My favorite part of this 70's drive-in flick would be the film-within-a-film aspect, the small crew struggling with temperamental actors and weird happenings to get their low budget film made, eventually they wind up the victims of a supernatural force and it's good goofy fun, definitely the junk food of b-movie cinema. Watching it I was reminded of the late night chiller TV shows I would watch as a kid, fun stuff. 

Blu-ray: The House of Seven Corpses (1973) comes to Blu-ray with an AVC encoded in 1080p widescreen (1.85:1), the print is well worn and bares the scars of a well screened print. There are scratches, burn marks, print damage and a nice heavy layer of grain, the first reel looks the particularly bad but it improves and is quite watchable. Transferred in hi-def from original vault materials it's the best we're gonna get for this 70's drive-in obscurity, while there's some fading the colors seem pretty accurate, the transfer even affording some modest depth and occasional fine detail and texture. Darker scenes are murky and grain-heavy. 

The English language DTS-HD Master Audio Mono 1.0 is decent, the atmospheric score sounds very nice, dialogue was a bit of a chore to decipher at times, the levels dropping low occasionally and there's some distortion when the screaming starts, overall a decent if unremarkable audio presentation that compliments the visuals.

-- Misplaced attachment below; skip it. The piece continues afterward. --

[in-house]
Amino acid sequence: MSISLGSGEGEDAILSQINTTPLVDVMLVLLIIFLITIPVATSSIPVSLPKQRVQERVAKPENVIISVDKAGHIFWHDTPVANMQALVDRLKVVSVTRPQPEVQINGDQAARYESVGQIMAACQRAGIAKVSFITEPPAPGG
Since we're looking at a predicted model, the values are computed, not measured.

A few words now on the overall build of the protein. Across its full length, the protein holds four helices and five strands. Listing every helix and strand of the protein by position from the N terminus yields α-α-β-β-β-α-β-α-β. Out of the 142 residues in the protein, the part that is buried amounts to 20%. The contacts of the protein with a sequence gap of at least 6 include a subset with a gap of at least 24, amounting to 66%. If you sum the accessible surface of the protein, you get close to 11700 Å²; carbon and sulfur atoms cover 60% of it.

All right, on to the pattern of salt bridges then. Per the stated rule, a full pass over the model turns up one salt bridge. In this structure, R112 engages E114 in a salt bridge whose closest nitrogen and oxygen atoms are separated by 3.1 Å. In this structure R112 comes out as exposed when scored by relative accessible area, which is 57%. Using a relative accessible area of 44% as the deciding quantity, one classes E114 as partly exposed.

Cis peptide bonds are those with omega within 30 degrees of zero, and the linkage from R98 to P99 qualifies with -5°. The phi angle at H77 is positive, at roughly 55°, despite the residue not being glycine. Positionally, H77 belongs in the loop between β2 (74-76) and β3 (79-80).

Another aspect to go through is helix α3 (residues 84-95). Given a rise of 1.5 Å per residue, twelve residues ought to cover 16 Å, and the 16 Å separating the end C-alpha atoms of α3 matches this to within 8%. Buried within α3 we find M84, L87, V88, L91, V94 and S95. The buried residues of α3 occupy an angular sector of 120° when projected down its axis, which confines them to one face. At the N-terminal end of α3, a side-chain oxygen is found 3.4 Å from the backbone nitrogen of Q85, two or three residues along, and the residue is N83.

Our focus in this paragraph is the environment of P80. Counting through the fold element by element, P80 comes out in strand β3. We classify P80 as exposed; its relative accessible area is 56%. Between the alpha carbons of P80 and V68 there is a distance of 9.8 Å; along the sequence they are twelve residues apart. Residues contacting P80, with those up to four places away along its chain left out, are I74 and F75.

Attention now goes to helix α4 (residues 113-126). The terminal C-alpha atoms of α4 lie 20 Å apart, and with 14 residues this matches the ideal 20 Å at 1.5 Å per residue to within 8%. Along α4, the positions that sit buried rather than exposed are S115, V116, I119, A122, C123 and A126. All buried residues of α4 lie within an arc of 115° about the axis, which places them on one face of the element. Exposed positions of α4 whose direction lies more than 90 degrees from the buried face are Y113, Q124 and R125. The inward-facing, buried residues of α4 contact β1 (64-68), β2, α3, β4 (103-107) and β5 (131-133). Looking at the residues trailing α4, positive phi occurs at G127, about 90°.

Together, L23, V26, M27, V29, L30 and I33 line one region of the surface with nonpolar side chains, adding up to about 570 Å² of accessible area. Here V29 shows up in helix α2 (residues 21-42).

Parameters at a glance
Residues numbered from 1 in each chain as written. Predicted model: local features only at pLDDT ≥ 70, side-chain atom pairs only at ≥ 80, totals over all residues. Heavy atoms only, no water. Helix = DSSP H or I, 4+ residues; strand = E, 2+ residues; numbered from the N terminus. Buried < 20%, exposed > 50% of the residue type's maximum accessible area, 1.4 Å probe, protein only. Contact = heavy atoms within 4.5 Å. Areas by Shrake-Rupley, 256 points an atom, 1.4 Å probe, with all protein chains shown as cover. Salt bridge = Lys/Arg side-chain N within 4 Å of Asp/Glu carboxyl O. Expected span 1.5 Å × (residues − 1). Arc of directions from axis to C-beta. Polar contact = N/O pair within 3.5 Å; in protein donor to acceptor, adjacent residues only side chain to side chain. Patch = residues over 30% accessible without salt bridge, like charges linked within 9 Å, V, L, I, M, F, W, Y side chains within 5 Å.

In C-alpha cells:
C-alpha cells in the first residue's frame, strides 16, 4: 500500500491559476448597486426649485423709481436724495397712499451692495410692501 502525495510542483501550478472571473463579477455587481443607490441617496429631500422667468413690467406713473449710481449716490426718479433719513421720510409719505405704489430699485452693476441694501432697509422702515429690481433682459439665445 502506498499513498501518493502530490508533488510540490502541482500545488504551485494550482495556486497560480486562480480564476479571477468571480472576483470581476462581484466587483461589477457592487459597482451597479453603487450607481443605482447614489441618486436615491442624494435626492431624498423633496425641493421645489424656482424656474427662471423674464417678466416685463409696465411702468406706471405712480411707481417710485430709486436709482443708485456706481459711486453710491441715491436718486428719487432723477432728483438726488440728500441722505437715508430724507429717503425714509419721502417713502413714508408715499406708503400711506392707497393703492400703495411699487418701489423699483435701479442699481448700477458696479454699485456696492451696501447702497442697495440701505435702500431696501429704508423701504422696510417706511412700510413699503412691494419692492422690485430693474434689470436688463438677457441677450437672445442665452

Extras start with an audio commentary from Associate Producer Gary Kent Moderated By The Alamo Drafthouse’s Lars Nilsen, and it's a fun track with a lot of bits of trivia about the location, production and cast. There's also a half-hour video interview with actor John Carradine recorded in 1983. He speaks about his film career and seems downright annoyed that people are so fascinated by his work in horror films, which make-up only a fraction of his 400 plus films. He speaks of working on a few of the later Dracula films for Universal and Joe Dante's The Howling (1981). The quality of the video seems like it's sourced from a 3rd generation VHS but it's a great watch, Carradine is a gifted storyteller as he speaks about his relationships with Bela Lugosi and Boris Karloff. When questioned about his favorite horror film he names the silent classic The Golem (1920). The last extra on the disc is a rough looking trailer plus we get a DVD disc which mirrors the feature and extras on the Blu-ray. 

Special Features: 
- Rare Archive Interview With Star John Carradine (28:03)
-Audio Commentary With Associate Producer Gary Kent Moderated By The Alamo Drafthouse’s Lars Nilsen
-Theatrical Trailer (2:08)

Verdict: The House of Seven Corpses (1973) is a fun low budget 70's haunted house flick with a neat film-within-a-film element which I loved, there's also some decent atmosphere and a creepy score that enhance the proceedings. It's no masterpiece of genre cinema but it's definitely a fun slice of cult drive-in cinema that should appeal to fans of late night chiller TV from the 70's and early 80's. Gotta love Severin Films for digging deep for these cult gems and putting the love that they do into polishing 'em up with some decent extras, love it. 3.5 Outta 5